Chinese Calligraphy

I am delighted to announce that I have an enormous article published in this month's issue of Chinese Calligraphy 《中国书法》. This is a big score for me, as this is the major calligraphy journal in China. The article is based on a long interview with Bai Qianshen, Hua Rende, and Zhang Ping. The article occupies a full thirteen pages (!) with lots of illustrations. In this interview I talk about ways my work has been influenced by Chinese calligraphy and allied arts, and I reflect on a host of things in my life from making nibbed pens with my first teacher, Margot Voorhies Thompson, to encounters with Ch'an monks on Wutaishan to the implications of reading the calligraphy found in meteorites. I have uploaded an English translation of this interview on my website, which you can check out here.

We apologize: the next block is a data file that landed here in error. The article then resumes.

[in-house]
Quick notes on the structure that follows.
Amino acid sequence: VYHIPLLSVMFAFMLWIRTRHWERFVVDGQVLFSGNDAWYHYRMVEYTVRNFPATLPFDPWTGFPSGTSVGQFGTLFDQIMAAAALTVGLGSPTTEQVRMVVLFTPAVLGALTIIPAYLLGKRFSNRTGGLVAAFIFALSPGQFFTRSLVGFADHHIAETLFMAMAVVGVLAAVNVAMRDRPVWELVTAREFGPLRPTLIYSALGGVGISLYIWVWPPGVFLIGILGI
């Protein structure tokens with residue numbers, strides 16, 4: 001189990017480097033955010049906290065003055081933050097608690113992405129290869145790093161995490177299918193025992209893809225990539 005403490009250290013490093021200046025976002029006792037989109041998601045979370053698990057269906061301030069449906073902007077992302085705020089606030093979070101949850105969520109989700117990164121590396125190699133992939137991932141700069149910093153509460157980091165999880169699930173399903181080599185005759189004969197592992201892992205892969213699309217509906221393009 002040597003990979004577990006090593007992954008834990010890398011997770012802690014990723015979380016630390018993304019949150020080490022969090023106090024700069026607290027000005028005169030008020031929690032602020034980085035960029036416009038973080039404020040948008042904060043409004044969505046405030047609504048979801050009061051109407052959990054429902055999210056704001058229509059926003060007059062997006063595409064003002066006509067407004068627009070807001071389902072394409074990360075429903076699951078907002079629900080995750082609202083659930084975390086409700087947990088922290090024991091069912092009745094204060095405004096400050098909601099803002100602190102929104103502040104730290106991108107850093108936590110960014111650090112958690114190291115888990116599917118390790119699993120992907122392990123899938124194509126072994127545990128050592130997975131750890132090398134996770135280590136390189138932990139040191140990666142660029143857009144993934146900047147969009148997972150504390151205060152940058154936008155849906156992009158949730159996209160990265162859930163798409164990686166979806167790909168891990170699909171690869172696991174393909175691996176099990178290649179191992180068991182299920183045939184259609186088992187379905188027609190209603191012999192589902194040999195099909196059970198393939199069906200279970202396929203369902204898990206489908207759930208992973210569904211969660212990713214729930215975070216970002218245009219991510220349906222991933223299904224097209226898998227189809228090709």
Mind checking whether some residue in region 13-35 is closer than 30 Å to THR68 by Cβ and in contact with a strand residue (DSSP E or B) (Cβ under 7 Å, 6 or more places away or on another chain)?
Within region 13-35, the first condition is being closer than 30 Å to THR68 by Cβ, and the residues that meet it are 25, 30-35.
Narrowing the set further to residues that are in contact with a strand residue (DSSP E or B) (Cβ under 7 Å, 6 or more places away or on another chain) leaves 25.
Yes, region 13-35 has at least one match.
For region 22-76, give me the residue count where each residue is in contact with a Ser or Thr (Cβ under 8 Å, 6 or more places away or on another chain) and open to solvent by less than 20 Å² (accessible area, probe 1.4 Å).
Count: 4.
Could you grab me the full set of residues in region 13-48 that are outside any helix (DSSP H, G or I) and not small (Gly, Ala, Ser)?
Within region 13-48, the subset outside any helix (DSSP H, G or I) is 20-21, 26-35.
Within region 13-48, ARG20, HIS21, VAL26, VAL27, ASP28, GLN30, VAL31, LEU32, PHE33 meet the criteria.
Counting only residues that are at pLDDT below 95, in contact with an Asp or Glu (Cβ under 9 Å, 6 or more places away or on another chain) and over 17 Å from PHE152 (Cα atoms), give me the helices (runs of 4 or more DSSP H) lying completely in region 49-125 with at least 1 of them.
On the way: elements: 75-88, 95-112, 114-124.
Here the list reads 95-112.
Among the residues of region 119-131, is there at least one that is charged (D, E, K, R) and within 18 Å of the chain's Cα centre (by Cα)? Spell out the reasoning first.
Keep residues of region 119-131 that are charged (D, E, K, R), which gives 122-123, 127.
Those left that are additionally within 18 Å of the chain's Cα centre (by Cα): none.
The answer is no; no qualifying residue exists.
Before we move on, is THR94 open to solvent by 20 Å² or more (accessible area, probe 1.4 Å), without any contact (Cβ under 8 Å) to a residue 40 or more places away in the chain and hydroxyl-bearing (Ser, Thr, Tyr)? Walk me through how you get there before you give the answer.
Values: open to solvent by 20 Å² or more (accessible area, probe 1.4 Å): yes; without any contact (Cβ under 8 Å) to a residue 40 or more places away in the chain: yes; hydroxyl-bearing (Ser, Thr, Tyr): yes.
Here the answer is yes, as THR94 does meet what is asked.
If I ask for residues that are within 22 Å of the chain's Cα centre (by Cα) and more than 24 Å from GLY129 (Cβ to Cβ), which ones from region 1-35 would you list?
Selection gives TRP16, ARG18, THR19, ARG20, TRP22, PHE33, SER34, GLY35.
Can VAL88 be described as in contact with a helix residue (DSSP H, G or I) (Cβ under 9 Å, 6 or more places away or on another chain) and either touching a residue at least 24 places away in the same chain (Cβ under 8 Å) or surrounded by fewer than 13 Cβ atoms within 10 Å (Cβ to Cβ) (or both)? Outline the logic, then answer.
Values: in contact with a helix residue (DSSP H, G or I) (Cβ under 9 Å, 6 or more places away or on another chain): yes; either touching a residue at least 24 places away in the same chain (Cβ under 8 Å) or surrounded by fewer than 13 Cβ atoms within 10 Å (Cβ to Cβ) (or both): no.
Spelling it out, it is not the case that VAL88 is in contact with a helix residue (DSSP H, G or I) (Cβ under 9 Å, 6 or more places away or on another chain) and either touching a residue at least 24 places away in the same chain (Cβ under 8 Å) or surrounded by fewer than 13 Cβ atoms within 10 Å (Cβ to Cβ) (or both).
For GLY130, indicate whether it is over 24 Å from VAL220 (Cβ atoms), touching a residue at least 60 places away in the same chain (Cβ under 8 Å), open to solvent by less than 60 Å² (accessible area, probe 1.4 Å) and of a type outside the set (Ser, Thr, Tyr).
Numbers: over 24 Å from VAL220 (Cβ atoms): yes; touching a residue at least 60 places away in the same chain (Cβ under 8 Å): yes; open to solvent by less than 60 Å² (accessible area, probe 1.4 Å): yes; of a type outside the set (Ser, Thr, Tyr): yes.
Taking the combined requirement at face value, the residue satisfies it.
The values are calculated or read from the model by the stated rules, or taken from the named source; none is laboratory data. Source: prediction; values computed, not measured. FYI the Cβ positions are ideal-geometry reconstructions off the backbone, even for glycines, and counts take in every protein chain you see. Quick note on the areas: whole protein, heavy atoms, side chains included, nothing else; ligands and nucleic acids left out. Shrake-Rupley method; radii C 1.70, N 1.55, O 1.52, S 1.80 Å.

Here's an excerpt of the first paragraph:

Ian Boyden: My first interest in Chinese art is what has also proved to be the most enduring one: I am interested in the relationship between ink and paper, how the word can be understood as image and physical form, in the ways the written word can give shape to experience and bring us closer to an understanding of enduring spirit.